Abundant information is available on the involvement of various cellular and molecular mechanisms in β cell apoptosis. The experimental evidence is controversial and difficult to reconcile, and the mechanisms of evasion of the autoreactive clones from immune surveillance are poorly understood. Multiple apoptotic pathways play a role in destructive insulitis, including perforin/granzyme, Fas/Fas-ligand (FasL), and other members of the necrosis factor superfamily. These pathways present redundant behaviors in both the initial and late stages of + cell injury, and at the same time, each molecular mechanism is dispensable in the evolution of autoimmune diabetes. There may be a preferential use of perforin/ granzyme in CD8+ T cell-mediated lysis, which participates in onset of autoimmunity, and a predominance of FasL in CD4+ T cell-mediated insulitis. Several cytokines released in the inflammatory infiltrate induce Fas expression in cells, priming them to FasL-mediated apoptosis. In this review, we focus on the possible participation of multiple cell subsets and molecular mechanisms in the pathogenesis of diabetes to the point where inflammation incites an irreversible vicious cycle that perpetuates βcell death.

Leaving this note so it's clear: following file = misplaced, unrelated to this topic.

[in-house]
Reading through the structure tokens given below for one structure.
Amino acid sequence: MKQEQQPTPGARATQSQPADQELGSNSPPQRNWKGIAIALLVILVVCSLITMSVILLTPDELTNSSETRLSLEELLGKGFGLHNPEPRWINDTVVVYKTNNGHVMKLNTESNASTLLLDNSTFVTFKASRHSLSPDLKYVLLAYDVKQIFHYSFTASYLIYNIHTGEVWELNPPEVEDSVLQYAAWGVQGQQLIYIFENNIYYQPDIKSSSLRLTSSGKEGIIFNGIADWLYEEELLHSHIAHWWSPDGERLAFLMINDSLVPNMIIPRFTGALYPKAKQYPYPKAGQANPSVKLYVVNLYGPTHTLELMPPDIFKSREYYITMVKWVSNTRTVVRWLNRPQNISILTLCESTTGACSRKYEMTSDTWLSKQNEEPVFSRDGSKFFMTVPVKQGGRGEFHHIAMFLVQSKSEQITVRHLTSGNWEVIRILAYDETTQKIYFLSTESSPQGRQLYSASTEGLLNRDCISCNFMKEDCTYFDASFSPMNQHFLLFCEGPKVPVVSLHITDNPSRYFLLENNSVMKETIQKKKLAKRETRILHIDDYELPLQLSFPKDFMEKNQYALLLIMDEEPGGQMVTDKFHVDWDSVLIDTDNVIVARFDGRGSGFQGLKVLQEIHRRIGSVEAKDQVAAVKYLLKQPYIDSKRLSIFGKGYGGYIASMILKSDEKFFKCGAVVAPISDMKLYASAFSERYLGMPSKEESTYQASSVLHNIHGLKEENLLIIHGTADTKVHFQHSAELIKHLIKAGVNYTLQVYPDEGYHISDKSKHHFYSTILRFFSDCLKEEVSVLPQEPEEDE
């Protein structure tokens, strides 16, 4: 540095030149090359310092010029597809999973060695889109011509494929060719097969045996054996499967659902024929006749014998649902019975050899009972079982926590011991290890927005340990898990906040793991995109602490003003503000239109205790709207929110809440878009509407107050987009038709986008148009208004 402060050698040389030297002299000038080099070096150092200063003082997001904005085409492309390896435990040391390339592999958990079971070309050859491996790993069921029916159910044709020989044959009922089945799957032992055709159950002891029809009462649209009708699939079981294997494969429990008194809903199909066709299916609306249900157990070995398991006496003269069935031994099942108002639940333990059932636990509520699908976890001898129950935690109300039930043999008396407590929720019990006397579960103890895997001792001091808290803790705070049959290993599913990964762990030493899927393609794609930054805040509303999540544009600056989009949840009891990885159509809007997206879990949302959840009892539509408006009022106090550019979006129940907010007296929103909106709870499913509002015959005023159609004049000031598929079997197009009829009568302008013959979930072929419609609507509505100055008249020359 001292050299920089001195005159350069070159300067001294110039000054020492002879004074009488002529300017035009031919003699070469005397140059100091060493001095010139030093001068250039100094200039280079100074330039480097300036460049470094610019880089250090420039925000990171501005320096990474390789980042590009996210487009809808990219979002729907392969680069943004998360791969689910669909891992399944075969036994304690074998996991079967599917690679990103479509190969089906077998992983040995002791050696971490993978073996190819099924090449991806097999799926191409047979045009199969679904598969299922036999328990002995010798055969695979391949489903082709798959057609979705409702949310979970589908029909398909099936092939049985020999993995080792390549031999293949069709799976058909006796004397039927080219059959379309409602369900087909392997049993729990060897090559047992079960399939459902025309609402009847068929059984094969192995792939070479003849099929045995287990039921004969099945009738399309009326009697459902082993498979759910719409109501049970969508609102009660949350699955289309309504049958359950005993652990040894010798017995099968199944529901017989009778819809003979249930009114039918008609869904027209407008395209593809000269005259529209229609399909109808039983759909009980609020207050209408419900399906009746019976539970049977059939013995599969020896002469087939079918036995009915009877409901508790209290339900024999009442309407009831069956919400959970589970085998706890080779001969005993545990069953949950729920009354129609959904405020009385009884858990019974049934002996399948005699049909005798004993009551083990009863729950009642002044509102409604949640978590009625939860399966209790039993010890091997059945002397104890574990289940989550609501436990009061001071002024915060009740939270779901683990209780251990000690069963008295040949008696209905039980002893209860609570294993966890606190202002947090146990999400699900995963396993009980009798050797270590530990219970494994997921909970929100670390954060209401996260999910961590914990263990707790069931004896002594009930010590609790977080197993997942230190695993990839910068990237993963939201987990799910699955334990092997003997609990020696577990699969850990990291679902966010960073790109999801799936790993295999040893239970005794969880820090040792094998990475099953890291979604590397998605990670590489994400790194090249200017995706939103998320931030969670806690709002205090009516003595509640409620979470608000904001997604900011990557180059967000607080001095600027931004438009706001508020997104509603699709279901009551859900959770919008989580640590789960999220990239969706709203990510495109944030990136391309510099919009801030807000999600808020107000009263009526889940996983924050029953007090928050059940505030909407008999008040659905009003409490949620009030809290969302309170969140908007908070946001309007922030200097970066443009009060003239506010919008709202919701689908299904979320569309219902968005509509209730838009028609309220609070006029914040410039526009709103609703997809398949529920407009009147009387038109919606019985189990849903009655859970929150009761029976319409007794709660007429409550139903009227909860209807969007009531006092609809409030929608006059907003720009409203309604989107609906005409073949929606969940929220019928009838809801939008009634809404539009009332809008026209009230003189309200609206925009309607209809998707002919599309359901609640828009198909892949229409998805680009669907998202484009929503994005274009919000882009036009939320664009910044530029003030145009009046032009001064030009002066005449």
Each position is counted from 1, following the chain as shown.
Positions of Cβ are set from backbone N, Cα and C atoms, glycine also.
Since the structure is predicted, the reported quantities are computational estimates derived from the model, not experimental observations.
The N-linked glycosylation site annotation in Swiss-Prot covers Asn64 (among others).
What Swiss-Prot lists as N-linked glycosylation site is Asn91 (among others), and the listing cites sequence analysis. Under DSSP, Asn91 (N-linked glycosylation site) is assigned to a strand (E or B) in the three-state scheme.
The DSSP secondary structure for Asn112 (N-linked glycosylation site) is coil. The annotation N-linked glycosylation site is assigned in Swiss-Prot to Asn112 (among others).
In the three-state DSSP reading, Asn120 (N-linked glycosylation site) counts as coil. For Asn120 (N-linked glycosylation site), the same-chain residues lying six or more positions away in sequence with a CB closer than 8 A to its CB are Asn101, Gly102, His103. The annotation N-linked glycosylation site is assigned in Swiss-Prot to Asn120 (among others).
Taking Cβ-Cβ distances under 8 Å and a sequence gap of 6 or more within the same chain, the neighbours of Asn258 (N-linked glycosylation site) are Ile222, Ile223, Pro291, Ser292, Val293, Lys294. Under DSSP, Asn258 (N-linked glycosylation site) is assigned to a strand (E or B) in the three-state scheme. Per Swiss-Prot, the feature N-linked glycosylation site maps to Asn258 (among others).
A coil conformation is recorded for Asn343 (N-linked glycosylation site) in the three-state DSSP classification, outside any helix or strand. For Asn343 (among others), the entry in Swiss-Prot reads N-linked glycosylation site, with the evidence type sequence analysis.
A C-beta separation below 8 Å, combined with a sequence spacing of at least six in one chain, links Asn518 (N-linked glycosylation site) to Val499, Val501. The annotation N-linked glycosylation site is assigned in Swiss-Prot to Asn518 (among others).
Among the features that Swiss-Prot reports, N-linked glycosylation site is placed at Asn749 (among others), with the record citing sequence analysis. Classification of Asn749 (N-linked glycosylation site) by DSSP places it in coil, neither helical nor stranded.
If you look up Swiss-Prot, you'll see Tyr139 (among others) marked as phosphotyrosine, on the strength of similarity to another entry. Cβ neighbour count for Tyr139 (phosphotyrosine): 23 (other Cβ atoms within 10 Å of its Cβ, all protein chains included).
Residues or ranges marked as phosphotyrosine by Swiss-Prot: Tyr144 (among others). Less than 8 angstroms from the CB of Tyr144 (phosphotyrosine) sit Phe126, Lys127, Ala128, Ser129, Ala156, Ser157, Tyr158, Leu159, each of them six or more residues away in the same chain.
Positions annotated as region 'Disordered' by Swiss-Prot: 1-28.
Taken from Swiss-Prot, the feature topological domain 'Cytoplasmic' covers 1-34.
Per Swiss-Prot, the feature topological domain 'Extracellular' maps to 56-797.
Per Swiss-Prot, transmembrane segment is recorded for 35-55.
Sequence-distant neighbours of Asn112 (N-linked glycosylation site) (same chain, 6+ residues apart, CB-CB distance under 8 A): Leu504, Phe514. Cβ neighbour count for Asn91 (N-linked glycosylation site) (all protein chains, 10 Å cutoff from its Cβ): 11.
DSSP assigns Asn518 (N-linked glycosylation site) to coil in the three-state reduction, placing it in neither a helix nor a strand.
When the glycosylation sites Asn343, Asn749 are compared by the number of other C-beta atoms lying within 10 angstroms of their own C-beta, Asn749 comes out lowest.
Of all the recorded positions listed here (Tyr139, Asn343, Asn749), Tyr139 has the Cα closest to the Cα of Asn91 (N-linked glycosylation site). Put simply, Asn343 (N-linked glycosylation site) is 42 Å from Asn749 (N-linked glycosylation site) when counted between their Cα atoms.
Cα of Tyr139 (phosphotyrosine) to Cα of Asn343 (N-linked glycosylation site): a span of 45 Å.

Autoimmune diabetes, βcells, insulitis, T cells, antigen presenting cells, perforin/granzyme, Fas-ligand, tumor necrosis factor